Take the 2-minute tour ×
User Experience Stack Exchange is a question and answer site for user experience researchers and experts. It's 100% free, no registration required.

I am writing about design patterns in mobile applications. "Button", apart from being a user control it is also a design pattern used in order to perform some action.

I am trying to abstract the "physical button" (that is, a UI control) from the design pattern of allowing the user to perform a certain action at a given time.

I provided the description to each design pattern by stating the Name, followed by its description (What), usage scenarios (When), reasons to apply such design pattern (Why) and usage examples (omitted from this question).

I am having troubles in defining the Why among the following points:

  • Name: Button
  • What: A button can be used in a page to perform an app-specific action. Use a verb or verb phrase to describe the action the button performs.
  • When to use it: Use Button to initiate an action.
  • Why to use it: Users must be able to ``tell'' the application to perform certain actions.

Do you think my reason is valid enough?

Feel also free to express feelings whether "allowing the user to perform a certain action at a given time" is not actually a design pattern.

share|improve this question
2  
I still dont get your question... –  Mervin Johnsingh Feb 22 at 17:28
    
There are so many different types of buttons and they all have different purpose. Are you talking about buttons in general or a specific type of button? –  Chairman Meow Feb 22 at 19:58
    
I answered the question on the title, but after writing it and reading again your post, I'm not sure if you want that or something else. And it seems that I'm not the only one, could you clarify the situation? –  PatomaS Feb 23 at 8:11
    
Hi, I tried clarifying the question. Both answers I received so far are very valid and I thank you for that. I will read them over and over again before accepting. –  maggix Feb 23 at 13:57

2 Answers 2

up vote 0 down vote accepted

A button is something associated with starting an action or process. That relation comes from the physical world and so it translates well to the digital world.

Any person that sees a button, knows that after pressed, the state of things will change, it's also known that the button is related to the things close to it, so combining both ideas, you have that a person recognizes that after pressing the button on the app/web site, the state of the environment is going to change, which translates on information being sent to be processed and produce a response, or start an action, or stop an action, or any other action described on the button.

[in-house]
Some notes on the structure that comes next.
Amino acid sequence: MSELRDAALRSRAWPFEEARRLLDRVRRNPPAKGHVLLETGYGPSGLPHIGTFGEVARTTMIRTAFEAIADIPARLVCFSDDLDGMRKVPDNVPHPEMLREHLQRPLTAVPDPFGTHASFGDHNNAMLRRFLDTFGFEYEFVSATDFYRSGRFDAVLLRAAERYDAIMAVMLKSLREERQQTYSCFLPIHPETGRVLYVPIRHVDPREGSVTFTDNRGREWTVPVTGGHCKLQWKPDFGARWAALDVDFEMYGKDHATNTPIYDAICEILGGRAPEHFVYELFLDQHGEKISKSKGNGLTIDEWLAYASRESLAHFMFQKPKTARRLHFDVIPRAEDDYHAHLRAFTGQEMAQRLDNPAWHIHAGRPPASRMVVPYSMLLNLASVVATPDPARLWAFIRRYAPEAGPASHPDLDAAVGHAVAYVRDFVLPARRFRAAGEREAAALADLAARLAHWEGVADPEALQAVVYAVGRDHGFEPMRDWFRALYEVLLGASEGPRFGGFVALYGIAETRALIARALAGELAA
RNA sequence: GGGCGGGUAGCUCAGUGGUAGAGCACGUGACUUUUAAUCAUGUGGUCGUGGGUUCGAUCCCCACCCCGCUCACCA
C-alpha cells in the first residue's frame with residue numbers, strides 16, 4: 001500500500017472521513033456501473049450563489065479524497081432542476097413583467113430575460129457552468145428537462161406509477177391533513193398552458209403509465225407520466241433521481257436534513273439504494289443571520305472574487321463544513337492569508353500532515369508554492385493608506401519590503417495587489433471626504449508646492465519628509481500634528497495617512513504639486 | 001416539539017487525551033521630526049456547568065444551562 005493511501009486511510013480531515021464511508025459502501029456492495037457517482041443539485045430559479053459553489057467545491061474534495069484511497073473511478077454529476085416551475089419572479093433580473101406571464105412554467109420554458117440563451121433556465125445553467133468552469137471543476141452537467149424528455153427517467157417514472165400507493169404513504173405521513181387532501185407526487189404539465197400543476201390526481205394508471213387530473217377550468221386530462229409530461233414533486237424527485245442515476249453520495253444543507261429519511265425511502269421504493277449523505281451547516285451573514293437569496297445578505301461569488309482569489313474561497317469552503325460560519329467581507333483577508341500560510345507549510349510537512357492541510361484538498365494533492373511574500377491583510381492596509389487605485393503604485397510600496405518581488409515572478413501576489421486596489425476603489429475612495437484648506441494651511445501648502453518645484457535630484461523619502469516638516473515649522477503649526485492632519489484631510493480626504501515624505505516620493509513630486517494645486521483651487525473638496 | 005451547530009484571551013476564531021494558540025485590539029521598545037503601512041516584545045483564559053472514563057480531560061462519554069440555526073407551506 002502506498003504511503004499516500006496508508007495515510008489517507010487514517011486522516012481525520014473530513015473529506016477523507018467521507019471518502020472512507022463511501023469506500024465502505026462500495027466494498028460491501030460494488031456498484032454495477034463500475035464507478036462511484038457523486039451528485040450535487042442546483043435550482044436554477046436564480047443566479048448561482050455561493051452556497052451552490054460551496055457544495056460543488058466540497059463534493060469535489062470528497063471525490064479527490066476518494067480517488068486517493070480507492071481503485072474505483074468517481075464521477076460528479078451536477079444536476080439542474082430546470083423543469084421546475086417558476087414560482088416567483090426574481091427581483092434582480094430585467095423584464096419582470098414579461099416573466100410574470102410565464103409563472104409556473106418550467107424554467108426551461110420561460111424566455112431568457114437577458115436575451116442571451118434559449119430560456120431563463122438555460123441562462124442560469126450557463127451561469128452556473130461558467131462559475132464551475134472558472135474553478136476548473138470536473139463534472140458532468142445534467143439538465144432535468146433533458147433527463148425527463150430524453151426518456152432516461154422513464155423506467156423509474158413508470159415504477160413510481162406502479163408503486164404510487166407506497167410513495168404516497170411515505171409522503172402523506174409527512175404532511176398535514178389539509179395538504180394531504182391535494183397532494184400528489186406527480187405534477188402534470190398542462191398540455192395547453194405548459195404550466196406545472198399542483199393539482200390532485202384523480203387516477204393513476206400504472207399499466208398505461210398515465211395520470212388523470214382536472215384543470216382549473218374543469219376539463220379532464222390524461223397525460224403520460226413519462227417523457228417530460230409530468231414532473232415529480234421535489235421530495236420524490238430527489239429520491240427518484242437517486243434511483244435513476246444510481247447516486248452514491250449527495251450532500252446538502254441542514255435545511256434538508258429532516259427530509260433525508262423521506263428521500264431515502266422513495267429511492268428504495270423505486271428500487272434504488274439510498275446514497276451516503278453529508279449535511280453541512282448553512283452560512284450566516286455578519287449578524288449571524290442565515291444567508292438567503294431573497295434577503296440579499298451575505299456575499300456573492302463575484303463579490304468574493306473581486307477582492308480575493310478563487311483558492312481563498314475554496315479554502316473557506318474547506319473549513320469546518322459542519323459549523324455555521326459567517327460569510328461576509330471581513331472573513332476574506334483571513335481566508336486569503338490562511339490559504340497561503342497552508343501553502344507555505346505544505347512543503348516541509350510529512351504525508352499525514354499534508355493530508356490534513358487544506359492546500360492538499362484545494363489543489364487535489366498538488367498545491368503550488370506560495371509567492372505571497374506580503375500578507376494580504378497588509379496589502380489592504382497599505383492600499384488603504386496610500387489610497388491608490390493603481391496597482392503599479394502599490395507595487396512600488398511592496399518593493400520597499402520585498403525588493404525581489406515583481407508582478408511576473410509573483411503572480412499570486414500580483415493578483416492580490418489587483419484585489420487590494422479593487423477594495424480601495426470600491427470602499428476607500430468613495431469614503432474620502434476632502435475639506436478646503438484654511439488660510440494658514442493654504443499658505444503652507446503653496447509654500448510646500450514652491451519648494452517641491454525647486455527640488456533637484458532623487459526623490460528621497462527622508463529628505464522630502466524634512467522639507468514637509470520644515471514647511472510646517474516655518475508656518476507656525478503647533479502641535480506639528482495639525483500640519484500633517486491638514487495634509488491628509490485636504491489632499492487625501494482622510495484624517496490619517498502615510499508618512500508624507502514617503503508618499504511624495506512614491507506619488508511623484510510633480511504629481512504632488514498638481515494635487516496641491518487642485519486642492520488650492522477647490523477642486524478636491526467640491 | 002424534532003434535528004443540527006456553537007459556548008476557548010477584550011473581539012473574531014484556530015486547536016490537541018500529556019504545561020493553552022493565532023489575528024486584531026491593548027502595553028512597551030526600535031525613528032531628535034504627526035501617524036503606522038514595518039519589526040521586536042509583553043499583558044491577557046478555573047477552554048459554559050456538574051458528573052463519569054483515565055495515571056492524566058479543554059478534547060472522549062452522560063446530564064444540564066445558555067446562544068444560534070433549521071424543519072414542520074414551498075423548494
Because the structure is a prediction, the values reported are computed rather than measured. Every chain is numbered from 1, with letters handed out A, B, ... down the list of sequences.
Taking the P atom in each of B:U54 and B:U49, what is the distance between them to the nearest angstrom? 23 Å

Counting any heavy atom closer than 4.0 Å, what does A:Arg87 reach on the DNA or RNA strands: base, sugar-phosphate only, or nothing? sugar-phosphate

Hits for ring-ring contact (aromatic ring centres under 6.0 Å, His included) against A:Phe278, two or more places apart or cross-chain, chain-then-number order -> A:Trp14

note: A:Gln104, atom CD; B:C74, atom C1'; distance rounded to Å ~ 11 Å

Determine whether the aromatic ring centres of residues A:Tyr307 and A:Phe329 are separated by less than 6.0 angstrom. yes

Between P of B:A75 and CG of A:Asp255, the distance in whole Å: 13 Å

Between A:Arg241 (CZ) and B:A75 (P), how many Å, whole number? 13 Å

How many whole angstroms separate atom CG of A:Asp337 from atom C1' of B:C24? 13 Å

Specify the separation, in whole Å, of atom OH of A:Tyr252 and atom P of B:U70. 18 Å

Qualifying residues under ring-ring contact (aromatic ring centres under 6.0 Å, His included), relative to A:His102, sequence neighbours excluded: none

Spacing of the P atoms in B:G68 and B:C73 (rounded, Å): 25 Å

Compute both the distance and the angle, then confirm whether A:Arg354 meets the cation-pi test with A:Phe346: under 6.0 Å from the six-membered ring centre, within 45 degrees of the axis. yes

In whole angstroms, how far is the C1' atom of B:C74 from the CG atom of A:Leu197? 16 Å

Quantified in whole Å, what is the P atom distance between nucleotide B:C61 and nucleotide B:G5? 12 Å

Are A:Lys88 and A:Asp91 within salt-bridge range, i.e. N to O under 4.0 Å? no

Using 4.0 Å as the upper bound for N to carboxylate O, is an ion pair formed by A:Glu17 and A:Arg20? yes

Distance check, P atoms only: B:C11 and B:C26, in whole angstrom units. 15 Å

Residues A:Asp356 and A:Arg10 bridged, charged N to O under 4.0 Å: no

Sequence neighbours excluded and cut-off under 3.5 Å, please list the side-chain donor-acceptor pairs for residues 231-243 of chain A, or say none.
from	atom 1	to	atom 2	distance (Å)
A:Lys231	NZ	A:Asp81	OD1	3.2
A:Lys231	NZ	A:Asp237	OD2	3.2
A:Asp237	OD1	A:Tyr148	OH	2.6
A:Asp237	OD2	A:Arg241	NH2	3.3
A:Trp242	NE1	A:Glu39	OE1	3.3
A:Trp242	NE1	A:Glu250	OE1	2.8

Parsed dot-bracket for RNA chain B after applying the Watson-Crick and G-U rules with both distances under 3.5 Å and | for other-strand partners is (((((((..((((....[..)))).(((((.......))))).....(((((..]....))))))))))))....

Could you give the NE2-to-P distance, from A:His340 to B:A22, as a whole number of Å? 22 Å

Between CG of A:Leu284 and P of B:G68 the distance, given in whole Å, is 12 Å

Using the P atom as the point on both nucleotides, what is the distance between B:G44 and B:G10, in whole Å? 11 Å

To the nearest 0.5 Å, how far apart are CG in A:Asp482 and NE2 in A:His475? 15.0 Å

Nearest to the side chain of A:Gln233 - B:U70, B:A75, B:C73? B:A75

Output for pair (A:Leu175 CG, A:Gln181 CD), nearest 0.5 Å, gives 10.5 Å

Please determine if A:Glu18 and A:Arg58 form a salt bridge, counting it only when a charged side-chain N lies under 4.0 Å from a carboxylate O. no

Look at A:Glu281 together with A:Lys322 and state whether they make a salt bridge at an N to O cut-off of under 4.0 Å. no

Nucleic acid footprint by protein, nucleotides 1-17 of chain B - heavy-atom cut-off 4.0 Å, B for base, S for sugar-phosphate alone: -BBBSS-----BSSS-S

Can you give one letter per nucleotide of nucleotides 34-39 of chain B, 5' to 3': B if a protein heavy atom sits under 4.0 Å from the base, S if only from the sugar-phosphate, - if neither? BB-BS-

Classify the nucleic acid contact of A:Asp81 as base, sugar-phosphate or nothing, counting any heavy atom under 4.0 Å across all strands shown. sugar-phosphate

Of course, we are talking about buttons that make sense and are reasonably explained and/or labeled.

share|improve this answer

I assume that "button" means the rectangular UI element

  • with a verb (in imperative mood) as its label
  • that may have physical states such as pressed and normal (not hover because you can't do it in touch interfaces)
  • that does not require to be placed in a specific container and only be siblings with the same type of UI (as what happens with menus)

Let's start with your initial "Why" - to tell the application to perform certain actions.

It is true that buttons, when clicked, tell the application to perform the action of the verb written on it. You definitely want to use a button for the verbs Create, Update, Save, Commit, and Cancel. Those verbs pertain to working with data.

There are also verbs that pertain currently running processes in an application, such as Start, Play, Pause, Resume, Stop, and Terminate - which are also valid candidates for a button. Use these buttons when you play audio or video, or when you want to poll data from external sources periodically.

The thing is "to perform certain actions" can also mean "go to a specific part of my app so I can do something else." This is where you should NOT use buttons. Instead, use menus or links for these.

share|improve this answer

Your Answer

 
discard

By posting your answer, you agree to the privacy policy and terms of service.

Not the answer you're looking for? Browse other questions tagged or ask your own question.